The University of London International Programmes is the world’s oldest provider of academic awards through distance and flexible learning. Its tradition of open access and innovation extends back to 1858, when the University of London was awarded a Royal Charter by Queen Victoria. The awarding of this charter extended access to degrees to those who could not come to London to study, and shortly afterwards Charles Dickens described the University of London as ‘The People’s University’ in recognition of its achievements in widening access to education.
Today, students of the University of London International Programmes study from a suite of 100+ academic programmes, with some taking the award through self-study or through support from local teaching institutions, or through additional support.
Dr Mary Stiasny OBE, Pro Vice-Chancellor (International) of the University of London, said: ‘The University of London is committed to providing quality higher education for anyone that would benefit. Through the University’s distance and flexible learning programmes, we have contributed to many areas of life by producing successful engineers, politicians, architects, writers, environmentalists and active participants in public health.’
She added: ‘The University is proud of its tradition of access, which dates back to our 1858 Royal Charter that opened up its degrees to the world, and was also the first university in the UK to open up its degrees to women.’
The University of London International Programmes has continued to innovate since 1858, as a world leader, in the way it delivers distance and flexible learning. Today, despite rapidly changing education and IT sectors, the University of London continues with its tradition of innovation through its MOOCs (Massive Open Online Courses). In doing so, it has ensured that millions of learners across the globe have access to higher education that is truly life-changing.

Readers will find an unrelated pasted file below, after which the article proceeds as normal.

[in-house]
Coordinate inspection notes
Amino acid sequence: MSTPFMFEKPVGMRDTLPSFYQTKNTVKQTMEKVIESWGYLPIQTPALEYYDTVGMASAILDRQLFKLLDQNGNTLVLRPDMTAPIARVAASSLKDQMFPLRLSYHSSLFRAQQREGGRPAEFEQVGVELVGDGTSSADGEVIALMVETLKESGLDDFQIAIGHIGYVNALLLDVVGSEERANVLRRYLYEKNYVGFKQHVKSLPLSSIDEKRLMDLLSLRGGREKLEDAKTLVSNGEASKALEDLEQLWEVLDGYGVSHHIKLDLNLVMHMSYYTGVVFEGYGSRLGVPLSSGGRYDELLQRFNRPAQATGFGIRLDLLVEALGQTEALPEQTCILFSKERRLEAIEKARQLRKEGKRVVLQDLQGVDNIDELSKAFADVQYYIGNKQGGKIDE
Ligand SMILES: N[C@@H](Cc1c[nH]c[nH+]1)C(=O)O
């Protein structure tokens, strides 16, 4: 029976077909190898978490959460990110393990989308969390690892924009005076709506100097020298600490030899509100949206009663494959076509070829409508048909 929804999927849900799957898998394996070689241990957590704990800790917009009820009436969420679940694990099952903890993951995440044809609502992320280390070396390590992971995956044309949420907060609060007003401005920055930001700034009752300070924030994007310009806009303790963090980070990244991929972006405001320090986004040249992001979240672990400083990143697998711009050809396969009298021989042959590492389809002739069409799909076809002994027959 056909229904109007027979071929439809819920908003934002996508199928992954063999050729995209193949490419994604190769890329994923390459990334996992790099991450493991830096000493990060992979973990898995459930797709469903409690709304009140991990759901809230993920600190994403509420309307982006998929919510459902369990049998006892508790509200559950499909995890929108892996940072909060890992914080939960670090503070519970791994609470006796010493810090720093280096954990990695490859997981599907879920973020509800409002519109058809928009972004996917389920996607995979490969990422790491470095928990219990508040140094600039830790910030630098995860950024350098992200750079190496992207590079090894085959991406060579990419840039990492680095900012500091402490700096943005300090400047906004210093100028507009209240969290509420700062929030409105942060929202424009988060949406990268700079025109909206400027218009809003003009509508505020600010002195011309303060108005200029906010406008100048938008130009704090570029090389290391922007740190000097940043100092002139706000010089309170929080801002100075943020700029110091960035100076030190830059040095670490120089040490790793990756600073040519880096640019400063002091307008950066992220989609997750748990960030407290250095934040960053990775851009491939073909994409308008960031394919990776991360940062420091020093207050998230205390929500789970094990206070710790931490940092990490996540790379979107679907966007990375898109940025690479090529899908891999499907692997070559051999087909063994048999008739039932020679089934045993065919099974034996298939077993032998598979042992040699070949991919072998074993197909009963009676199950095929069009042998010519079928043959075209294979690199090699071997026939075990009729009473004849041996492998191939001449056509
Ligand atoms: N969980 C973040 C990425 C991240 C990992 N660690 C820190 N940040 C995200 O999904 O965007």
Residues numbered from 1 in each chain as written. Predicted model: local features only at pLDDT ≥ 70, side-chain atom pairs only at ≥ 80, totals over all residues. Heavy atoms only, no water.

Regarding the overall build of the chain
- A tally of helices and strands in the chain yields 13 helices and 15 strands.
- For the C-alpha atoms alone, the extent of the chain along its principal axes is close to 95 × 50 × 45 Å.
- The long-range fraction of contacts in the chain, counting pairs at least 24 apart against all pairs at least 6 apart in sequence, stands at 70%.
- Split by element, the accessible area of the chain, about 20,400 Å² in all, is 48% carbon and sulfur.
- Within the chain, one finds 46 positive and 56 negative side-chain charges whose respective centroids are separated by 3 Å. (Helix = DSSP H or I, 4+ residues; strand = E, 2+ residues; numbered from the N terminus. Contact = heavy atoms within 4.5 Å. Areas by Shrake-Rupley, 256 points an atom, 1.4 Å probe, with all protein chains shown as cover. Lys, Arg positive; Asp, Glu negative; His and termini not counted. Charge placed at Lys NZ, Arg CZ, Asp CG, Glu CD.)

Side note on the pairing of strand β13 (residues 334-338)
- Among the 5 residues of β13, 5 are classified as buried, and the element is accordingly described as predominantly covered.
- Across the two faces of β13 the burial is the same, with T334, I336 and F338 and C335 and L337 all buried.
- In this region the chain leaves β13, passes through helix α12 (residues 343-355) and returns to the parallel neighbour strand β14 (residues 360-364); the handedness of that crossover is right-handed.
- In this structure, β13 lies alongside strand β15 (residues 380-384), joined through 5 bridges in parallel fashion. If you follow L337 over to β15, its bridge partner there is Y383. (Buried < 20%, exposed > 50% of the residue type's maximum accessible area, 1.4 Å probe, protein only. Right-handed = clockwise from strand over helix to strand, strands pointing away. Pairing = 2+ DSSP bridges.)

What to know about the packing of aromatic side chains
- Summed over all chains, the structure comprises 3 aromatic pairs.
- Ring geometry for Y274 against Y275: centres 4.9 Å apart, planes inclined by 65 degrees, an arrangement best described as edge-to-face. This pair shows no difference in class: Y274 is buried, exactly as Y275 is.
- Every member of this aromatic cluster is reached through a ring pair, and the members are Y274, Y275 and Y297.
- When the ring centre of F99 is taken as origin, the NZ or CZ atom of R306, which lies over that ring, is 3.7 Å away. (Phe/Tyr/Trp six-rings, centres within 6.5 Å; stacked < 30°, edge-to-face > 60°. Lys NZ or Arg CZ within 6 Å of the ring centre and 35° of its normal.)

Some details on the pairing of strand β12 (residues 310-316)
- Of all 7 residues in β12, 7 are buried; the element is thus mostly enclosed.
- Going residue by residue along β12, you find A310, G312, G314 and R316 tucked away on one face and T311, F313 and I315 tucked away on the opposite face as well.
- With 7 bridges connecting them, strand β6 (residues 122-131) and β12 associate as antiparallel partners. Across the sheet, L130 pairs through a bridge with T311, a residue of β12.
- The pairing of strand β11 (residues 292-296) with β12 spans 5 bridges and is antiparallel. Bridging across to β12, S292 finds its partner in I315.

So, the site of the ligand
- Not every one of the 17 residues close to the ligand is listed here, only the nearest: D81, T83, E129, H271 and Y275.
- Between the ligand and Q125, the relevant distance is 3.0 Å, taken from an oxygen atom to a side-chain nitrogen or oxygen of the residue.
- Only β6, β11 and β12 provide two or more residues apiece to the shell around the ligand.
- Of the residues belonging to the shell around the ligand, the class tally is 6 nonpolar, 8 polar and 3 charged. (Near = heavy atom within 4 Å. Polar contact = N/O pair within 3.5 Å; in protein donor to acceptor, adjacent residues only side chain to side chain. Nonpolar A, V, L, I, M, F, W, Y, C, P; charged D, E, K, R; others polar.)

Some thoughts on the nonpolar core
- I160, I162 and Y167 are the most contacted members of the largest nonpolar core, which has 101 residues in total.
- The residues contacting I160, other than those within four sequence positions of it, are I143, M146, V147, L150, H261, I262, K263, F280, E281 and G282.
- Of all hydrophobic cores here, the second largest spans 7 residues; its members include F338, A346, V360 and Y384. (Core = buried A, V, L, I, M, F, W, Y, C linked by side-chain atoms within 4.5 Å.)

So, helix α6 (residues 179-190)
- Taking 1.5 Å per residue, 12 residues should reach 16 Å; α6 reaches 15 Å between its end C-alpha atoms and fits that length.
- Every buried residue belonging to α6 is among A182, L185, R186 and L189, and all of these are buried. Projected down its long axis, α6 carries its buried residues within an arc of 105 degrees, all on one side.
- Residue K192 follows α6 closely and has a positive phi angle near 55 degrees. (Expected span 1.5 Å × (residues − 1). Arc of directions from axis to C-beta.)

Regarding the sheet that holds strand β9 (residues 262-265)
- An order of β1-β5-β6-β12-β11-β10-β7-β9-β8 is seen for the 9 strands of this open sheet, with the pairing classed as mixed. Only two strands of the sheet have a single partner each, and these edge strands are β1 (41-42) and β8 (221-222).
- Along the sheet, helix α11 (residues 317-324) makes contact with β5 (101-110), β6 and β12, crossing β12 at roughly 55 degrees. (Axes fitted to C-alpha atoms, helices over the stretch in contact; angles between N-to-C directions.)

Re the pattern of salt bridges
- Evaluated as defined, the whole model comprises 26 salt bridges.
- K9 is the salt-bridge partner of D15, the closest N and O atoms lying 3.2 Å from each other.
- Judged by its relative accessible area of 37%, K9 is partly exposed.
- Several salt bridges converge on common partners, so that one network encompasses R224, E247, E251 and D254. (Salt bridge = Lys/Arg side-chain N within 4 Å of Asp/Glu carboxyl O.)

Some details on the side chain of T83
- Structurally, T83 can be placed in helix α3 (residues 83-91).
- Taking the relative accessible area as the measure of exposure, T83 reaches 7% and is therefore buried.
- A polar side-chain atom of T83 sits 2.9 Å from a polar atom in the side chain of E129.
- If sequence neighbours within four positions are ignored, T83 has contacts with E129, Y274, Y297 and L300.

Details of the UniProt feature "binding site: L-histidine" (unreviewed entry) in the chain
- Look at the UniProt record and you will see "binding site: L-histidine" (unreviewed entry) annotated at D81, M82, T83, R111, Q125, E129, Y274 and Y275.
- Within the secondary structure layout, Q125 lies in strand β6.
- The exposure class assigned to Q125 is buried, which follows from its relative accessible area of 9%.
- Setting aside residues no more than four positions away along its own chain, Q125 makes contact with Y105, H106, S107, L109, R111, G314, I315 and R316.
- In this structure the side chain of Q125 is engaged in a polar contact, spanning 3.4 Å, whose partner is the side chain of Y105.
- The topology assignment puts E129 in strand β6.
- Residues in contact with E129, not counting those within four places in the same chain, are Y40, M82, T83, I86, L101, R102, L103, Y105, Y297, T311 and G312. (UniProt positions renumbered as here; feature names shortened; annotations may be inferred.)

MOOCs are courses that can be taken over the internet by anyone who subscribes to them. Hosted on the Coursera online platform, the University of London’s MOOCs have, to date, attracted over one million enrolments worldwide.
MOOC courses are developed by academics and staff at the University of London International Programmes and its member institutions, including the LSE, UCL, King’s College London, the London Business School and SOAS. In providing essential introductory readings online, along with video content and interviews with leading academics and practitioners, the University of London’s MOOCs are informative as well as relevant and timely for today’s students.
Through this work with MOOCs and Coursera, the University of London International Programmes can now call itself ‘The world’s largest classroom’, with 50,000 students worldwide, and over a million learners on the Coursera online platform for short courses, bringing the International Programmes’ global reach to 1,050,000 people around the world, covering more than 180 countries.
Contributed by the University of London International Programmes